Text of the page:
Sunday, 20 October 2013
What do the opinion polls tell us about support for free schools?
Opinion polling is a valuable but dangerous tool. Dangerous because superficial analysis can lead to badly misjudging the public mood. And because so few people understand how polls actually work. This weekend I saw people tweeting puzzlement at two polls; one showing Labour with a 3% lead and one with a 11%. But with a margin of error of 4% and very different methodologies between the two polls it's not surprising at all. (The trick to reading voter polls is to look at trends across multiple polls over time).
These two polls happened to both contain questions about free schools after an eventful week for the policy. There isn't really much polling on free schools for such an important policy (politically at least) so it's worth unpicking in some detail.
First ComRes for the Independent on Sunday asked:
Parents, teachers and charities should be encouraged to set up new state schools, even if there are already schools in the local area:
Don’t know 37%
So free schools are unpopular? Not so fast... This is a badly designed, and so misleading, question. The problem is it asks two different things in one question. First should non-state providers be allowed to set up schools and then should they be allowed to do so even if provision already exists. It doesn't tell us how many like the idea of non-state providers but not the "waste" of surplus capacity. And it's confusing- as can be seen by the high number of "don't knows".
Meanwhile Opinium for the Observer asked some much more detailed questions. First they looked at general support for the policy: "Like state / comprehensive schools "free schools" are schools that are funded by the government but, unlike state / comprehensive schools, they are not under the control of the local authority. They can be set up by parents, teachers, charities or businesses and are free to attend."
44% believed that "free schools" are generally a good thing for education in the UK while 22% said they are a bad thing; with a further 22% saying neither good nor bad and 12% don't knows.
Here the focus is on the "free" part not the surplus places and that bit of the policy seems popular; even among Labour voters who were 39/30 in favour (Lib Dems were even more pro - 50/18).
On the specific issue of whether such schools should be allowed to hire unqualified teachers respondents were asked:
"While teachers hired by state / comprehensive schools have to have a PGCE or equivalent teaching qualification, "free schools" are free to hire whoever they choose, as private schools do. The advantage of this is that they can employ people who have more experience of the world outside teaching while the disadvantage is that it may risk children being taught by under qualified teachers."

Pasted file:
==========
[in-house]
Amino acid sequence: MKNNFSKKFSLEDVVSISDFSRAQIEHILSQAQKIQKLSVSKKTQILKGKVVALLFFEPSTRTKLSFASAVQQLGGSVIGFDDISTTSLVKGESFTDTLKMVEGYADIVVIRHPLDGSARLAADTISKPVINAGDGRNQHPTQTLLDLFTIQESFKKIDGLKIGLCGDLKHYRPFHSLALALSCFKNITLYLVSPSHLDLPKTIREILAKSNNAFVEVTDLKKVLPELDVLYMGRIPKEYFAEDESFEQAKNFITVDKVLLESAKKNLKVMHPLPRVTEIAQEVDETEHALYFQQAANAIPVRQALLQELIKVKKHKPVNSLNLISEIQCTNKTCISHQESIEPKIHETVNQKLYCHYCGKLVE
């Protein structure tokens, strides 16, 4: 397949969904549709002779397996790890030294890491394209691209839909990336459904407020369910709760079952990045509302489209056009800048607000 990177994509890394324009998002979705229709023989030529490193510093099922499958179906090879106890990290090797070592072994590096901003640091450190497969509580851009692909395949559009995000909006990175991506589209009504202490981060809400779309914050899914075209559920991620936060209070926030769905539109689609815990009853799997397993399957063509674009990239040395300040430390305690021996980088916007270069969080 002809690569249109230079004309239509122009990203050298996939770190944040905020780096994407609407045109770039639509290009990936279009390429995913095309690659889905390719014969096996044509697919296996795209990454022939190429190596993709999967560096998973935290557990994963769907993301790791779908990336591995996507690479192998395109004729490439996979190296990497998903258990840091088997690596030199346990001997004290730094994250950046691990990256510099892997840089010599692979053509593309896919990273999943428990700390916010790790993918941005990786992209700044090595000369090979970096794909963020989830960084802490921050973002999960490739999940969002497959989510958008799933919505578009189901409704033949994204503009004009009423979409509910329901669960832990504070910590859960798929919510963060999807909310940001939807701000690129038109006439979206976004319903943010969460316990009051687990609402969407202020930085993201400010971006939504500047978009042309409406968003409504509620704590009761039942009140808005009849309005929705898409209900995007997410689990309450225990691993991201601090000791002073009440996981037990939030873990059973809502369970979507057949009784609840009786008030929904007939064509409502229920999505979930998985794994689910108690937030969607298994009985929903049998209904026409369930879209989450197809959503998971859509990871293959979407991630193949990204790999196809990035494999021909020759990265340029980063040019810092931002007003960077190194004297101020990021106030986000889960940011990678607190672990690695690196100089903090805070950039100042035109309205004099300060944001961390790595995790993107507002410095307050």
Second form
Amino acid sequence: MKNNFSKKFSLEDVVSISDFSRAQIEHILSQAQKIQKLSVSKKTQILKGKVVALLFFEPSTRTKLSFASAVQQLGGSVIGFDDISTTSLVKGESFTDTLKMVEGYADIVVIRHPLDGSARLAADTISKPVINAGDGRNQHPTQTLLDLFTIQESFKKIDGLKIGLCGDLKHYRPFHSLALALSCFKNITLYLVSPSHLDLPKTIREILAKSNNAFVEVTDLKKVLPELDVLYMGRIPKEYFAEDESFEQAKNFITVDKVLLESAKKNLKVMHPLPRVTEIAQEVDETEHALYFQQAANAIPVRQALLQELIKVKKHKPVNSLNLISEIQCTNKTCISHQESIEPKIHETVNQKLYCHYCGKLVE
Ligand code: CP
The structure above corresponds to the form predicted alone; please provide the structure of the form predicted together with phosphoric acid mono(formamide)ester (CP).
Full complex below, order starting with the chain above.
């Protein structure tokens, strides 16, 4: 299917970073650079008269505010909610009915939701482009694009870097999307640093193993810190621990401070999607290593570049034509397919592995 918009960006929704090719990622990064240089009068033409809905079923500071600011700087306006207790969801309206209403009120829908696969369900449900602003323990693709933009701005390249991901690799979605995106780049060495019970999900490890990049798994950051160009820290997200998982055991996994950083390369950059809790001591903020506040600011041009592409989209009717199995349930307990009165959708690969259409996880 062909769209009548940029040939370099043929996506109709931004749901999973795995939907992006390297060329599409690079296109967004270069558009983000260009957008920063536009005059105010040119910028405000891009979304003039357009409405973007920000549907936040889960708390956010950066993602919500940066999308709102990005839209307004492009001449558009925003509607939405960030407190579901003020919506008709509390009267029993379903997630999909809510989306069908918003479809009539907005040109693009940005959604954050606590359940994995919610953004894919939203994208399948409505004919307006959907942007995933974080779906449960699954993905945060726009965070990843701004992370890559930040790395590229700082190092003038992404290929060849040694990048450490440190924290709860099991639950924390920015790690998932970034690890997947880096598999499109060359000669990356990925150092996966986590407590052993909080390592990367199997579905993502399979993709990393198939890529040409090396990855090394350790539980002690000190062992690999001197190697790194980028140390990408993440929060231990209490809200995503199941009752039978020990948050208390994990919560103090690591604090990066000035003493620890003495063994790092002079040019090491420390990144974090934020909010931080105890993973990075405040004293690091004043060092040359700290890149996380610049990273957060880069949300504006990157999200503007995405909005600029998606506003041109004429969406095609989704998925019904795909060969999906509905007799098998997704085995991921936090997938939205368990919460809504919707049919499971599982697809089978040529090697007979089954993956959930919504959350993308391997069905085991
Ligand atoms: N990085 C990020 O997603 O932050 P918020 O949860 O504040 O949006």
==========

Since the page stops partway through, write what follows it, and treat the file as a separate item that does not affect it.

A resounding 60% were concerned that "free schools" are able to hire teachers who may not have a PGCE or equivalent teaching qualification while 30% are not. Amongst all three parties' voters there were more "concerned" than "not concerned". So that bit of the policy doesn't seem very popular.
But perhaps most interesting Opinium asked about what respondents wanted a future Government to do about free schools. Here responses were divided. 23% wanted the policy to continue as is (this was the most popular for Tory voters).
27% wanted what is - in effect - Labour's current policy- to allow them to continue but only in areas where there aren't enough places and if all teachers are qualified. This was the most popular option for Liberal Democrats - just beating leaving the policy as it is - and the equal most popular amongst Labour voters.
Just 12% wanted to prevent any further free schools from opening while leaving the existing ones alone and 20% thought that all free schools should be taken under local authority control (this was equal most popular with Labour voters).
What does all this tell us? It seems the majority of voters like the idea of non-state providers being allowed to set up their own schools but that they really don't like the idea of unqualified teachers. Most people want the policy to continue in some form but those that do are pretty split between allowing them in areas that already have enough places. So Labour's current policy is probably most in tune with the public (if they could explain it clearly...)
I expect, as we approach the next election, more polling companies will look in detail at this issue so we should be able to see if these hypotheses hold as people learn more about the policy.
Thanks to Daniel Boffey at the Observer for sending me the Opinium numbers. When these appear on the Opinium website I'll add a link.